Scoop’s Corner: “The Giver”

Samantha Cooper

News Editor

Most of you have probably read the book, “The Giver.” It’s the children’s version of “1984,” and “Brave New World,” and the predecessor of all Young Adult dystopia novels. Which are apparently a huge thing right now, and I wouldn’t mind if there weren’t so many love triangles! It’s getting ridiculous…

  The book version of “The Giver” had the slightest tinge of a romance, in that 12-year old Jonas develops a crush on his friend Fiona, but these are promptly eliminated with pills designed to take care of that issue. The book is mainly about a boy realizing that everything that he knew is wrong; there is a thing called color, another called music and in the time before there were Communities, people lived with their biological parents and siblings, and they felt things: both good and bad. Jonas learns about all these things from the Receiver of Memory, who he calls the Giver, because he is being trained to take his place. It’s an amazing book, full of symbolism and emotion. It’s terrible to see Jonas go through so much and make such difficult decisions, especially at such a young age.

The movie ages Jonas up to about sixteen, and has him played by a twenty-three year old (I get it. You’ll get more people if he’s hot but other than that, why?)

This makes all his actions seem more ridiculous, and idiotic in the film.

It also makes his feelings towards his friend Fiona more intense, and a bit odd especially considering that most of the time, she really doesn’t know what he’s doing. The concept of kissing and affection is absolutely foreign to her.

  The movie also changes around some of the most basic plot points of the novel, in  order to make it more “action-oriented.”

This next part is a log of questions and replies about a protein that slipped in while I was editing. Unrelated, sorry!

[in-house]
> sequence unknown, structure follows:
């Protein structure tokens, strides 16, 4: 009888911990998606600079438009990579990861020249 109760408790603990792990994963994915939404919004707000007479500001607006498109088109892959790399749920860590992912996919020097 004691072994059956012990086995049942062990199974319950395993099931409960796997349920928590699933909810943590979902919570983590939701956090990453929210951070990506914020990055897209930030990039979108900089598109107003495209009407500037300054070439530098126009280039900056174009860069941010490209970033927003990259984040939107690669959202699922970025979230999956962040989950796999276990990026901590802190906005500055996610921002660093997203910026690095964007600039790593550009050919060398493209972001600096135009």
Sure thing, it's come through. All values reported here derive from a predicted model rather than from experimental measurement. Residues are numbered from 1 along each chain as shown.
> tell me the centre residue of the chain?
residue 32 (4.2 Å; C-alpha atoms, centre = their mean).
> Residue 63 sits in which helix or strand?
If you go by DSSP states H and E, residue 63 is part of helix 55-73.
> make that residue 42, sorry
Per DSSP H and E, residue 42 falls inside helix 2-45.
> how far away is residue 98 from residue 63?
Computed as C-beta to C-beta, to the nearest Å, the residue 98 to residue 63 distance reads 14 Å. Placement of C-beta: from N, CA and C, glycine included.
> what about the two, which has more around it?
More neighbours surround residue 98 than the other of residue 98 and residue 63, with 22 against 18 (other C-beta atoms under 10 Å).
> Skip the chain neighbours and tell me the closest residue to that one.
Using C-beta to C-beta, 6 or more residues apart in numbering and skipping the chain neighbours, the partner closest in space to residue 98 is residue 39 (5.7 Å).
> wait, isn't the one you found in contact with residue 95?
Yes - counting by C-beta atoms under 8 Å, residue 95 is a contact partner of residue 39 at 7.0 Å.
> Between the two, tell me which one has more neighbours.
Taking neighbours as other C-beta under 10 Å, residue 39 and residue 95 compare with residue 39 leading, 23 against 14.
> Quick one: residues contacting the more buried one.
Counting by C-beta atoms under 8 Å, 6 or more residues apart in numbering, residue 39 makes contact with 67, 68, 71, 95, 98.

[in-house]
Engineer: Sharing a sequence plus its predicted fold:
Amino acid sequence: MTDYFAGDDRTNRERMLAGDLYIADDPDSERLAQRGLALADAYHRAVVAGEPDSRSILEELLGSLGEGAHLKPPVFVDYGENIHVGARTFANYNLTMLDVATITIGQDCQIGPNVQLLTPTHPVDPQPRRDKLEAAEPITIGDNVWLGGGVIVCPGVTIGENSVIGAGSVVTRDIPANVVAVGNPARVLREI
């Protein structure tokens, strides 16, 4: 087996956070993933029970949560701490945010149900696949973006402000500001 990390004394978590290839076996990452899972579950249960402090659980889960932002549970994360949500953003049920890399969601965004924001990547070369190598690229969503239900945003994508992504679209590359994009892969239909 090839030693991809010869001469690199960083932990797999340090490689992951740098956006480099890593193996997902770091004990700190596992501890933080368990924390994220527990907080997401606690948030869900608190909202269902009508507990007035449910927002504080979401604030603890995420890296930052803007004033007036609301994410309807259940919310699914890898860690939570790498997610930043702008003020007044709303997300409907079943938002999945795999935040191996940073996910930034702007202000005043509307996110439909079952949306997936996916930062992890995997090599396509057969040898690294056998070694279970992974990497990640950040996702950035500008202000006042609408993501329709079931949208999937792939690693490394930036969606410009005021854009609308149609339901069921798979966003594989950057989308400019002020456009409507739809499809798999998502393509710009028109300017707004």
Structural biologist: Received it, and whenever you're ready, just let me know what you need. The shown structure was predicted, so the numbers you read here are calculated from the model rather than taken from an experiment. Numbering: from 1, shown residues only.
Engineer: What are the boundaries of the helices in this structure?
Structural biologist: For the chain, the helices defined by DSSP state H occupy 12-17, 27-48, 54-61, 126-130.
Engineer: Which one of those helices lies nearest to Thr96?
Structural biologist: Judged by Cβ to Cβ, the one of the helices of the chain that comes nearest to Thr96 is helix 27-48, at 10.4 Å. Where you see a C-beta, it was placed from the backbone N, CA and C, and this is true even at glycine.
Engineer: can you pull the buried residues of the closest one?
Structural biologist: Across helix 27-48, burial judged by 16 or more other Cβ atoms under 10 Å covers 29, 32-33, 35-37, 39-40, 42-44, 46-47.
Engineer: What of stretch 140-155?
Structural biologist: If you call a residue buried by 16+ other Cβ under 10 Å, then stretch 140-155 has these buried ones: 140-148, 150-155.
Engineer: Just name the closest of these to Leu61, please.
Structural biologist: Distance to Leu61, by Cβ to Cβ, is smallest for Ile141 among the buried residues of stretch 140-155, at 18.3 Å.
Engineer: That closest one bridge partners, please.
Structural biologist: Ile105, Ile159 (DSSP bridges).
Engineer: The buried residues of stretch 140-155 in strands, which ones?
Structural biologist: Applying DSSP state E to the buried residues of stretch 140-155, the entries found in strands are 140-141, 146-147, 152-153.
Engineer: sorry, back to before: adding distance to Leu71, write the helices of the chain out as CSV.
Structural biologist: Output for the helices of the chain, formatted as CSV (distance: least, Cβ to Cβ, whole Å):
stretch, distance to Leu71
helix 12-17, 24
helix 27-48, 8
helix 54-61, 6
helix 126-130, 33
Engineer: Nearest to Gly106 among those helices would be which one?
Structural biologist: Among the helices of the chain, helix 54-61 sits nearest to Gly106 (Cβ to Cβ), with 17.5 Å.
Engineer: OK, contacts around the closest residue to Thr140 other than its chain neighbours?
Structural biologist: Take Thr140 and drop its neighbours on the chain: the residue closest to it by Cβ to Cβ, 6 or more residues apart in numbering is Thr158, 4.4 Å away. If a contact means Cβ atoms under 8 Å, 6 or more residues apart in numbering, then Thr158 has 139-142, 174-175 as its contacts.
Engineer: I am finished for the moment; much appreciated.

The action happens in the last third of the movie, and seems to exist only to make the movie more marketable to the “tween/young teen” crowd.

For example, in the novels, pills are distributed only to block out romantic feelings while in the movie injections are given to all citizens in order to block all emotions.

  There are other book-to-movie differences: the movie incorporated an unneeded villain, the Chief Elder, whose only goal was to stop Jonas, while in the book, the Giver (and therefore Jonas) was always contacted by the Elders before they made any major decisions and that the identifying “Giver” mark was changed from light eyes to a birth mark.

If you would like to compare the two, read the book and go out to see the movie. You will see major differences. While I understand that books and movies are two different mediums, I feel as though they could have tried harder with “The Giver,” especially since they’ve been working on a film adaptation for ages. It’s disappointing to wait for so many years, only to get a movie that won’t even be remembered by next summer. Percy Jackson fans, I now know how you feel…I never want to go through this kind of pain again.

OIS announces new study abroad policies

Samantha Cooper

News Editor